Check out the newly paved walking and biking paths in Medford's Macdonald Park, located along Mystic Valley Parkway across from the Meadow Glenn Mall. Through the Mystic Greenways Project, MyRWA is partnering with the Massachusetts Department of Conservation and Recreation (DCR) to improve Torbert Macdonald Park, the largest open space in the Mystic River Reservation. Some sections have already been completed, with more to come. MyRWA and DCR will be partnering to bring more improvements to the park in the coming years, so keep an eye out for ways to get involved. Thank you DCR!
MyRWA is thrilled to announce Environmental League of Massachusetts Erica Mattison as a guest speaker at the August Committee Meeting. Please join us!
Come explore how we can enhance our effectiveness as clean water advocates. Learn strategies from the Environmental League’s Erica Mattison, MPA, JD. Erica leads the Green Budget Coalition and the MA Environmental Collaborative, both of which MyRWA participates in.
This presentation is part of the Mystic River Watershed Association’s monthly Committee Meeting. The meeting begins at 7:00 p.m. on Tuesday August 2, 2016 at Tufts University, Tisch College of Citizenship & Public Service, Lincoln Filene Hall, Rabb Room, 10 Upper Campus Road, Medford. Free and open to the public!
Get the next LandLine ride on your calendar! LandLine is MAPC's vision to connect our greenways and trails into a seamless network. The plan has been developed in coordination with the LandLine Coalition, a group of 40 volunteers representing a number of local agencies and advocacy groups.
How can you assign a value to a healthy environment? Are you curious about how ecosystem services analysis or other tools in environmental economics could be applied to the Mystic? Please plan on joining Nejem Raheem, Associate Professor in the Department Of Marketing Communication at Emerson College at the Mystic River Watershed Association’s July 5th Committee Meeting. Nejem Raheem has over 10 years of experience as an environmental economist. His expertise is in economic analysis of natural resource and environmental issues, focusing on ecosystem services and traditional or indigenous economies.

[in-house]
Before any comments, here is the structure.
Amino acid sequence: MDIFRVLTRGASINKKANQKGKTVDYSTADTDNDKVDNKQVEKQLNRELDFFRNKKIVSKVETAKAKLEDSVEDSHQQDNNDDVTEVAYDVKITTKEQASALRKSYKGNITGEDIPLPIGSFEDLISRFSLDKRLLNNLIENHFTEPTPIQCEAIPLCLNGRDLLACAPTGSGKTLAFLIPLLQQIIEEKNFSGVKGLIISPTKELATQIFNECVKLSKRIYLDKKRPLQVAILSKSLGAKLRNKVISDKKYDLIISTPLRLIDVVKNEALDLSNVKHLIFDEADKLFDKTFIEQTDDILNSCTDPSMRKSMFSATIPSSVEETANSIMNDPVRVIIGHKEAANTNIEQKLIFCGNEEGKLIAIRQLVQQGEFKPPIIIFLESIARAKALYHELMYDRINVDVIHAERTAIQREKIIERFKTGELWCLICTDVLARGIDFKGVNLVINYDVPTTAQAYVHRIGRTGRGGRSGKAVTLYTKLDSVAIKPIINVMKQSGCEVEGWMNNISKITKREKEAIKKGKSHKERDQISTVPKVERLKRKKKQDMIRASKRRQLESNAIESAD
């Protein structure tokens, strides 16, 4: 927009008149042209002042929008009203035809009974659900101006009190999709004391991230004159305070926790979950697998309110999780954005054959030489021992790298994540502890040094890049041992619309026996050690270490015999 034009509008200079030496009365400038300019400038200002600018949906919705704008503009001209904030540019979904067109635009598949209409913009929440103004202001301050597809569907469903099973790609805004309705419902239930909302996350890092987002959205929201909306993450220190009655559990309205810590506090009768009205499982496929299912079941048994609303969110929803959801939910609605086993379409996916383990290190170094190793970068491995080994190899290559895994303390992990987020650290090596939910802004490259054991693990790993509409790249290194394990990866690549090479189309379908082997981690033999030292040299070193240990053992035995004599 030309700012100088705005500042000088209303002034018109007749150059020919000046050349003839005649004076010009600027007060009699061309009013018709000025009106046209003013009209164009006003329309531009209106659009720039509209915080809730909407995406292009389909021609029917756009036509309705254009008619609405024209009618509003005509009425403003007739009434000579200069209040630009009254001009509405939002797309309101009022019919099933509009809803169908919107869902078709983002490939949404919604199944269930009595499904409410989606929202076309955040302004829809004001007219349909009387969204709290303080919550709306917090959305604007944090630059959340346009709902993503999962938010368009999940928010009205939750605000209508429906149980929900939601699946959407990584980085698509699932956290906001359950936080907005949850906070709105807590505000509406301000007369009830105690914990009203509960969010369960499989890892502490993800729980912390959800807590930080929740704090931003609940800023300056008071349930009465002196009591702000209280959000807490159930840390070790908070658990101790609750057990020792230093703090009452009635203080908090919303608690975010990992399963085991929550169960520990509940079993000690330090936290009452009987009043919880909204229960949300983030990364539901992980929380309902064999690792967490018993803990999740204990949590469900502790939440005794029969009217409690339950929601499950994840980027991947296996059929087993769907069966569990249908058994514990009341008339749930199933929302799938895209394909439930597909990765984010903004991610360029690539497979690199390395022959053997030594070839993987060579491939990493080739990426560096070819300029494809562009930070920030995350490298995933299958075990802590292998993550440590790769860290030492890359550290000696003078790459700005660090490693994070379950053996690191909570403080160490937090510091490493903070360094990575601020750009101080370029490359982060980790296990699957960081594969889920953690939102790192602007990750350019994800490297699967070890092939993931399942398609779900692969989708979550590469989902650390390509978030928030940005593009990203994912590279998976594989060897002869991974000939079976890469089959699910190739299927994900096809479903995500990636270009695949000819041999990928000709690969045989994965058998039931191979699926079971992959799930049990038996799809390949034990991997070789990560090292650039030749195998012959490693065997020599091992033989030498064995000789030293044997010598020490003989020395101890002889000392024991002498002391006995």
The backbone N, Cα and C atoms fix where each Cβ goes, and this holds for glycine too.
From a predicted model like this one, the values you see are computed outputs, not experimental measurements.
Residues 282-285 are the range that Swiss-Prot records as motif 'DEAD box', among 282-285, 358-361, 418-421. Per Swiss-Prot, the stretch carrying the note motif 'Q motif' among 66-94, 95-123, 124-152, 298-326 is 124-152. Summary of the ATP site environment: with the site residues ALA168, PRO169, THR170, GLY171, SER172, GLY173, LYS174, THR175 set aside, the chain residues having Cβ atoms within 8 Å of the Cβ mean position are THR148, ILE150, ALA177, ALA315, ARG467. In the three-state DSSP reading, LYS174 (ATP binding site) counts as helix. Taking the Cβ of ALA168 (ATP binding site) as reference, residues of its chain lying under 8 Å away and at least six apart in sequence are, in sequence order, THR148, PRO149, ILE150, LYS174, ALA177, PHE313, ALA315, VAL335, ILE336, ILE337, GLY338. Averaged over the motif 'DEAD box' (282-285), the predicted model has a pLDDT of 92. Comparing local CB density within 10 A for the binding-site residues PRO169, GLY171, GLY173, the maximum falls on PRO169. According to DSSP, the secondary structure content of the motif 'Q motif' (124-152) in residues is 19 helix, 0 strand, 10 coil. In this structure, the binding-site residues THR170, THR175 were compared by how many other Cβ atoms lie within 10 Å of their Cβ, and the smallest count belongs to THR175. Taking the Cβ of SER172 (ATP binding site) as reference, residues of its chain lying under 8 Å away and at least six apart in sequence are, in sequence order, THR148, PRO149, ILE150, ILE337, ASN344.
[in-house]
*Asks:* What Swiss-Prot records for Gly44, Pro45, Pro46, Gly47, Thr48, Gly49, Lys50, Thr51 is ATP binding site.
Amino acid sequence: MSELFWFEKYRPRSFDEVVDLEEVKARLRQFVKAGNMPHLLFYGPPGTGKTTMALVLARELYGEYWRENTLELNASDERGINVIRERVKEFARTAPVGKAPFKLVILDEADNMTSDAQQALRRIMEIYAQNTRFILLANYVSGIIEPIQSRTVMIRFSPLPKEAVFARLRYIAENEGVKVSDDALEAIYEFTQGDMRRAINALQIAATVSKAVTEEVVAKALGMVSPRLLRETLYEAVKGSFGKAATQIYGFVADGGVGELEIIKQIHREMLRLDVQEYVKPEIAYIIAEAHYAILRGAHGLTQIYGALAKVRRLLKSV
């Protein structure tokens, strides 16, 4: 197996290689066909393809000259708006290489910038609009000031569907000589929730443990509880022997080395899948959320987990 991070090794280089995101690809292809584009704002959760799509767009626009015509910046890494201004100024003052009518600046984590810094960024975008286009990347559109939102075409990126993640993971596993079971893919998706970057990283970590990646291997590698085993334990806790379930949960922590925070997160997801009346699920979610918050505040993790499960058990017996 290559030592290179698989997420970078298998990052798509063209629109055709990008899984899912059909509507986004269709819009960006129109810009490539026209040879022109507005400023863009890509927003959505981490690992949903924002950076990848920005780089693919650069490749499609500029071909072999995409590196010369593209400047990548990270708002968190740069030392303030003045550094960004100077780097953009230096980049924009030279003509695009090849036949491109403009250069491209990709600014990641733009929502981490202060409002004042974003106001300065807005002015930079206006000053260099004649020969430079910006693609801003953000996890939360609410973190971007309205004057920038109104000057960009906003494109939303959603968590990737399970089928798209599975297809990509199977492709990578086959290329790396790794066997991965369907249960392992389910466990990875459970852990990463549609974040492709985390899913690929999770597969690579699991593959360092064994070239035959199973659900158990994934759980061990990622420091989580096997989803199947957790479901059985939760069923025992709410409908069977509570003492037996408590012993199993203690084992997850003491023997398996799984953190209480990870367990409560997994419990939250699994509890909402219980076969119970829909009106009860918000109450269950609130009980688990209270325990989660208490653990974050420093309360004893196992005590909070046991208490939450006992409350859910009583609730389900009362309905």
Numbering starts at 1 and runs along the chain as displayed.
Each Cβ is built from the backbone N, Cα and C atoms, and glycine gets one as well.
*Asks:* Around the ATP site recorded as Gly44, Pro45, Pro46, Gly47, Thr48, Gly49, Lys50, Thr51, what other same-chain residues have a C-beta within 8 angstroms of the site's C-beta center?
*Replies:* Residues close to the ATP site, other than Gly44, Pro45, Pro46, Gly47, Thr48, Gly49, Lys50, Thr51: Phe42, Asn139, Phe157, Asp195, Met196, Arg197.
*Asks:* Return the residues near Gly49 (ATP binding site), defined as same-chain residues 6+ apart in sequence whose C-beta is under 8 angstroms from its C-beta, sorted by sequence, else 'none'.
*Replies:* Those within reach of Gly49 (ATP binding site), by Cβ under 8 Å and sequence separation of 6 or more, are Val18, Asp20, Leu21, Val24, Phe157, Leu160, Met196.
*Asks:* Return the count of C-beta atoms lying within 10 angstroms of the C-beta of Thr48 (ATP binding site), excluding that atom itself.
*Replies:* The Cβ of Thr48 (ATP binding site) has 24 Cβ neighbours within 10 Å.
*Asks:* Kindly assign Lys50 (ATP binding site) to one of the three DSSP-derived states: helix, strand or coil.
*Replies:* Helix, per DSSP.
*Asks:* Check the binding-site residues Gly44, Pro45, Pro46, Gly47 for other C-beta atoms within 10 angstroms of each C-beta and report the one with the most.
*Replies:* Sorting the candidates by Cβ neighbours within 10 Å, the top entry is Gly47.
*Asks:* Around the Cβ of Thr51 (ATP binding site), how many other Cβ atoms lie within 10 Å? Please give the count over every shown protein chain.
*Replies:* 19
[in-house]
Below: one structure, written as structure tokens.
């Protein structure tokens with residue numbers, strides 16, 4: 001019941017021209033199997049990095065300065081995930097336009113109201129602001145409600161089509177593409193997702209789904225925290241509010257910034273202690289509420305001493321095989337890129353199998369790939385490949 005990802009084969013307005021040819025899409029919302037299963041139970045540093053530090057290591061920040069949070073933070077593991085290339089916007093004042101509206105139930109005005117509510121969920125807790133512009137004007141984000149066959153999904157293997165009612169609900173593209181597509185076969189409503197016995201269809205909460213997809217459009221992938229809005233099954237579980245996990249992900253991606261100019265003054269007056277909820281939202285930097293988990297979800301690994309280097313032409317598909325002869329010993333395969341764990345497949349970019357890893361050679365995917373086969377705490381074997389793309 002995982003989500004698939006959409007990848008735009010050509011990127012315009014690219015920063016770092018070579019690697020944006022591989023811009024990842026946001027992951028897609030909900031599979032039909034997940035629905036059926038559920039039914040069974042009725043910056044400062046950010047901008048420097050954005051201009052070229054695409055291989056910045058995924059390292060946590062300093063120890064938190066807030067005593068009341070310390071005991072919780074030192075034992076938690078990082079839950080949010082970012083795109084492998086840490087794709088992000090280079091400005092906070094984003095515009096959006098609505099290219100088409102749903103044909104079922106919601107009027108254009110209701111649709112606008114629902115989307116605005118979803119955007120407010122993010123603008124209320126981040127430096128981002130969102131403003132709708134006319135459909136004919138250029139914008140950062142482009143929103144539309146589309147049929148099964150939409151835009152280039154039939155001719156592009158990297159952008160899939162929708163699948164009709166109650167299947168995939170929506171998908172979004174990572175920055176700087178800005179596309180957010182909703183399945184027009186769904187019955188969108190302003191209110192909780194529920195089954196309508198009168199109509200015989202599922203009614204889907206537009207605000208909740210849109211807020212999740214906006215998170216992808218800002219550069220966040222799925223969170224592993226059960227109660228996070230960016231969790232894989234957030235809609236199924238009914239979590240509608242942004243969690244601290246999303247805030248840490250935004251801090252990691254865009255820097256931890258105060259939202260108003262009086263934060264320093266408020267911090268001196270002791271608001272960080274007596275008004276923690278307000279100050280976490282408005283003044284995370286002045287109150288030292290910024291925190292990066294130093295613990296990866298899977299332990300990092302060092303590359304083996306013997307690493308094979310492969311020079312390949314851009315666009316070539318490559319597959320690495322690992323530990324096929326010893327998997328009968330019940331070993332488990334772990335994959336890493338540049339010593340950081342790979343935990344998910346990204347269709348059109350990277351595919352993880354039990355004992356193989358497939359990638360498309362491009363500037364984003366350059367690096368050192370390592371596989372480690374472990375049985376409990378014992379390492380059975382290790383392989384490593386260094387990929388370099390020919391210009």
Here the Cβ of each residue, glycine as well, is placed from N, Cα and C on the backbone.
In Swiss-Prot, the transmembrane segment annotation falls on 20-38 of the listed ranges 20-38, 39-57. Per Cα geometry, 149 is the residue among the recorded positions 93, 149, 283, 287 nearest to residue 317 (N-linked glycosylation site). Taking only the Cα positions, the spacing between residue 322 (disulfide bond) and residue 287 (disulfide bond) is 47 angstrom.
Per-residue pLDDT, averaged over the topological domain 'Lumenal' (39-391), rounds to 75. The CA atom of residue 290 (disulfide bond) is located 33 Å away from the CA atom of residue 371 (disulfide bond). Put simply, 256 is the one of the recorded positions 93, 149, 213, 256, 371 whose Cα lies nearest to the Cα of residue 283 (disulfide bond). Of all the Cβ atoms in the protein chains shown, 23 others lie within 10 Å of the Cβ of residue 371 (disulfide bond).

This presentation is part of the Mystic River Watershed Association’s monthly Committee Meeting. The meeting begins at 7:00 p.m. on July 5, 2016 at Tufts University, Tisch College of Citizenship & Public Service, Lincoln Filene Hall, Rabb Room, 10 Upper Campus Road, Medford. Free and open to the public!
On Wednesday, June 15 the Mystic River Watershed Association (MyRWA) will launch the seventh year of water chestnut removal efforts. Native to Asia, Europe and Africa, water chestnut thrives in the nutrient rich waters of the Mystic River Watershed, including the Arlington Reservoir– in some places extending nearly shore to shore. This vegetative mat impedes boating, fishing, and swimming and crowds out native plants. Additionally, the decomposition of large quantities of water chestnuts lowers dissolved oxygen, which can lead to fish kills.